"No, I never did! And I would love to! We've spoken on the phone, but never performed the song together!"
(Add Tommy James to the Taylor Swift/Tiffany performance- stat!)
You're extremely dedicated to LGBTQ rights and play a lot of pride events. Talk about how that cause became close to you.
"As I mentioned, I do have a strong bond with my fans and I have a big LGBTQ fan-base- so it's the music that brought us together and hearing people's stories, and the more I listened to their stories of how they struggled and felt hurt being in the public eye and how they related to my music for their own personal reasons I felt that bond- and then even more at home I realized how much I could relate because I was constantly being judged in the public eye and then when I was going home I would whither through an emancipation process- which so many of these fans understood, or were going through. So, I was a teenager just like so many of them were who were struggling with the same home life and identity issues and it really was such a deep bond that will bring you together- and again- the fans are the people that you learn out of everyone you can trust."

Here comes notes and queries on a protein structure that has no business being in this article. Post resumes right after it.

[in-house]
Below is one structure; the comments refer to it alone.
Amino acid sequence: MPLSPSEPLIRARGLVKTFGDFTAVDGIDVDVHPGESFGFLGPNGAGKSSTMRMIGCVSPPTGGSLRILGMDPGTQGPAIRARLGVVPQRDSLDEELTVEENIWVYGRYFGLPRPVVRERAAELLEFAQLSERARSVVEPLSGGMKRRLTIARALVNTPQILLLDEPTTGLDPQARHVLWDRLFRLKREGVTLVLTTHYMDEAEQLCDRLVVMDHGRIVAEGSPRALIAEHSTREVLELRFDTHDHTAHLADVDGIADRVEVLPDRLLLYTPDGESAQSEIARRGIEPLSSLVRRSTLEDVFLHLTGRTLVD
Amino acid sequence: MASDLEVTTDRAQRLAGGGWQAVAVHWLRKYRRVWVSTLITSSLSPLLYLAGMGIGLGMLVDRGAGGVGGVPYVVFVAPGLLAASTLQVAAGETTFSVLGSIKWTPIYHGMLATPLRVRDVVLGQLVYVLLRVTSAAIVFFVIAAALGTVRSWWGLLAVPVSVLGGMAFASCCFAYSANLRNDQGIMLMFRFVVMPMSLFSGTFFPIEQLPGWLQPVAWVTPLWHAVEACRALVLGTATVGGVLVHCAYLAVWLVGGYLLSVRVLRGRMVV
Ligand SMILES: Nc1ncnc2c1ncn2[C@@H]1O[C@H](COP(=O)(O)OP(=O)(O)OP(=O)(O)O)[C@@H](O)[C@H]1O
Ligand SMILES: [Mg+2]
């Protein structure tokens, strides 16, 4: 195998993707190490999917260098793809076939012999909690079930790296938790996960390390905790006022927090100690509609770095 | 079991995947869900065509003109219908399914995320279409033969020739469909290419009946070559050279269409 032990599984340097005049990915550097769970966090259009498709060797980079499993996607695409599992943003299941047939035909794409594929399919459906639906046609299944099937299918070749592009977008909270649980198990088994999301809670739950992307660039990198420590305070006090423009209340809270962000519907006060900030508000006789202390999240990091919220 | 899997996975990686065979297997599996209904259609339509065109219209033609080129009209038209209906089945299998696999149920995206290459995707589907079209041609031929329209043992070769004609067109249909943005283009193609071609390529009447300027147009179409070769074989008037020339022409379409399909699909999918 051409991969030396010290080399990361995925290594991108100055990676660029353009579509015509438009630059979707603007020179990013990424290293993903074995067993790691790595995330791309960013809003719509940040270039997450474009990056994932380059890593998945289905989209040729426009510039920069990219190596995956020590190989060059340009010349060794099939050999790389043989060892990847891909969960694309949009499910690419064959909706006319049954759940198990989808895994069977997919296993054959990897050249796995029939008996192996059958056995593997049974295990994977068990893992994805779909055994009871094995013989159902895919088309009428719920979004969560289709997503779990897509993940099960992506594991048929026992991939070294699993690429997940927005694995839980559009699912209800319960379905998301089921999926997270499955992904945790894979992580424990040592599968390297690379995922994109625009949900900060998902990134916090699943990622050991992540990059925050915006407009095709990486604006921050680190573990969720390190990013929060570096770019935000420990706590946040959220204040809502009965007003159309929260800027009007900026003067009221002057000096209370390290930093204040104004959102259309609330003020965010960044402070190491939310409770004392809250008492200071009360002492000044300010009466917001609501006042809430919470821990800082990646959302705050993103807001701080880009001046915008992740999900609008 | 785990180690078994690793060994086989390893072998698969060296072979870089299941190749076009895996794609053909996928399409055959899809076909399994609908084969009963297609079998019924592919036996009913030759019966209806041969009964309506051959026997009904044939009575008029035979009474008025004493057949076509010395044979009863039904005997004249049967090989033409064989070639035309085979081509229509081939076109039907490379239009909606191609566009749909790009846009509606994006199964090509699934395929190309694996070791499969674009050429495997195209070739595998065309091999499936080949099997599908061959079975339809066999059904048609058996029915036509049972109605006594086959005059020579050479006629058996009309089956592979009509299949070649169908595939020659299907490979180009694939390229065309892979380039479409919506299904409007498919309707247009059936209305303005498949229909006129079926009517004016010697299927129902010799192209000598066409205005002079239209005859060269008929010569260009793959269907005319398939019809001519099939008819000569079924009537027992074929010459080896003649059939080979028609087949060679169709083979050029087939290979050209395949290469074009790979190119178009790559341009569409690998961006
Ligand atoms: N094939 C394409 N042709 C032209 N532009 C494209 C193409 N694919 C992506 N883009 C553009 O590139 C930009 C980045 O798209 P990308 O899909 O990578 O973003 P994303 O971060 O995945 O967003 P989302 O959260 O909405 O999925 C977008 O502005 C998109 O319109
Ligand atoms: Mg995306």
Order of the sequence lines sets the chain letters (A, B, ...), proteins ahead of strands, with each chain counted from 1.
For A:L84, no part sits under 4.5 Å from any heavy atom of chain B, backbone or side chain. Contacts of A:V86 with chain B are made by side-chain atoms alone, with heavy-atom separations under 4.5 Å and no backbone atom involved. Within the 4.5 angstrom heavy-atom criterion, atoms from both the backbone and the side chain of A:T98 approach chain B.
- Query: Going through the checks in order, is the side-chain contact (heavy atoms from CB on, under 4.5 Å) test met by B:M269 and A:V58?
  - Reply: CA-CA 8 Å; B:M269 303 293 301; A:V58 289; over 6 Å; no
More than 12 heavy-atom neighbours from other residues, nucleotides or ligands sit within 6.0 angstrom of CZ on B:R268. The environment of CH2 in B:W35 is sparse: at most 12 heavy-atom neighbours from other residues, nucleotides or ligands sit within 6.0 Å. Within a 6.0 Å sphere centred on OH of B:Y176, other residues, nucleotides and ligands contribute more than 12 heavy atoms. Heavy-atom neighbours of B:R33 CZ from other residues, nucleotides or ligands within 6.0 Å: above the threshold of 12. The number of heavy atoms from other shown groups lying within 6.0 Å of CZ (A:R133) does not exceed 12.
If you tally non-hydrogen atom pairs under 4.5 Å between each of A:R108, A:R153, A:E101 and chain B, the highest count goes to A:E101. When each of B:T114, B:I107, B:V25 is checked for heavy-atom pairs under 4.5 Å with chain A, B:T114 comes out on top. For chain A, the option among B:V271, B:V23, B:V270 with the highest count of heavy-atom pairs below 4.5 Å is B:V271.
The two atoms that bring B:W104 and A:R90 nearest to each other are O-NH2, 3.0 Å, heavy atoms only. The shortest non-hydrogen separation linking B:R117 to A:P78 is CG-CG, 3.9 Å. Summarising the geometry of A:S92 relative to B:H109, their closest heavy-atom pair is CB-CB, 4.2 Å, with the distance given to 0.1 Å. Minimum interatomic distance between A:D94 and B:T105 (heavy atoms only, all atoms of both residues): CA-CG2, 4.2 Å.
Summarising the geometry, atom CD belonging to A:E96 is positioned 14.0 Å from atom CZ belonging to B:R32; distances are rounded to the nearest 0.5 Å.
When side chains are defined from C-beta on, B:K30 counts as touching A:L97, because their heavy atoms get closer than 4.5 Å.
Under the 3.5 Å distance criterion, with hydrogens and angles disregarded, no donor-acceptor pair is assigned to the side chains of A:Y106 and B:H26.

Spending so much time in shopping malls on tour when you were young gave you a sense of shopping- you opened your own boutique! Talk about that.
"It unfortunately just closed because I didn't feel I could give it my 100% while I was touring this year. 'Shopping with Tiffany' is a big part of it- and I work with women from size 2 to 22 and I really like being with them and helping them feel beautiful. I will pick it back up again- in a neighborhood outside of Nashville. Nashville is changing. Nashville is cool- but I need something a little more funky."
What's next for you?
"Right now I'm ready to tour internationally- and so excited- this is my first time doing this in a while. So excited to be producing. If something came up where I could act or do more voice-over work, I would love to pop in and do it- especially if it were sci-fi- I'm a huge sci-fi fan! But right now, more than anything, I can't wait to perform A Million Miles for all the fans that have always been there and show them what I've been up to."
And judging by the warm reception from Tiffany's fans? The feeling is more than mutual. If the stars of today want a long-lasting and loving relationship with their fans? They should certainly follow Tiffany's eloquent advice. We could use more class acts like her.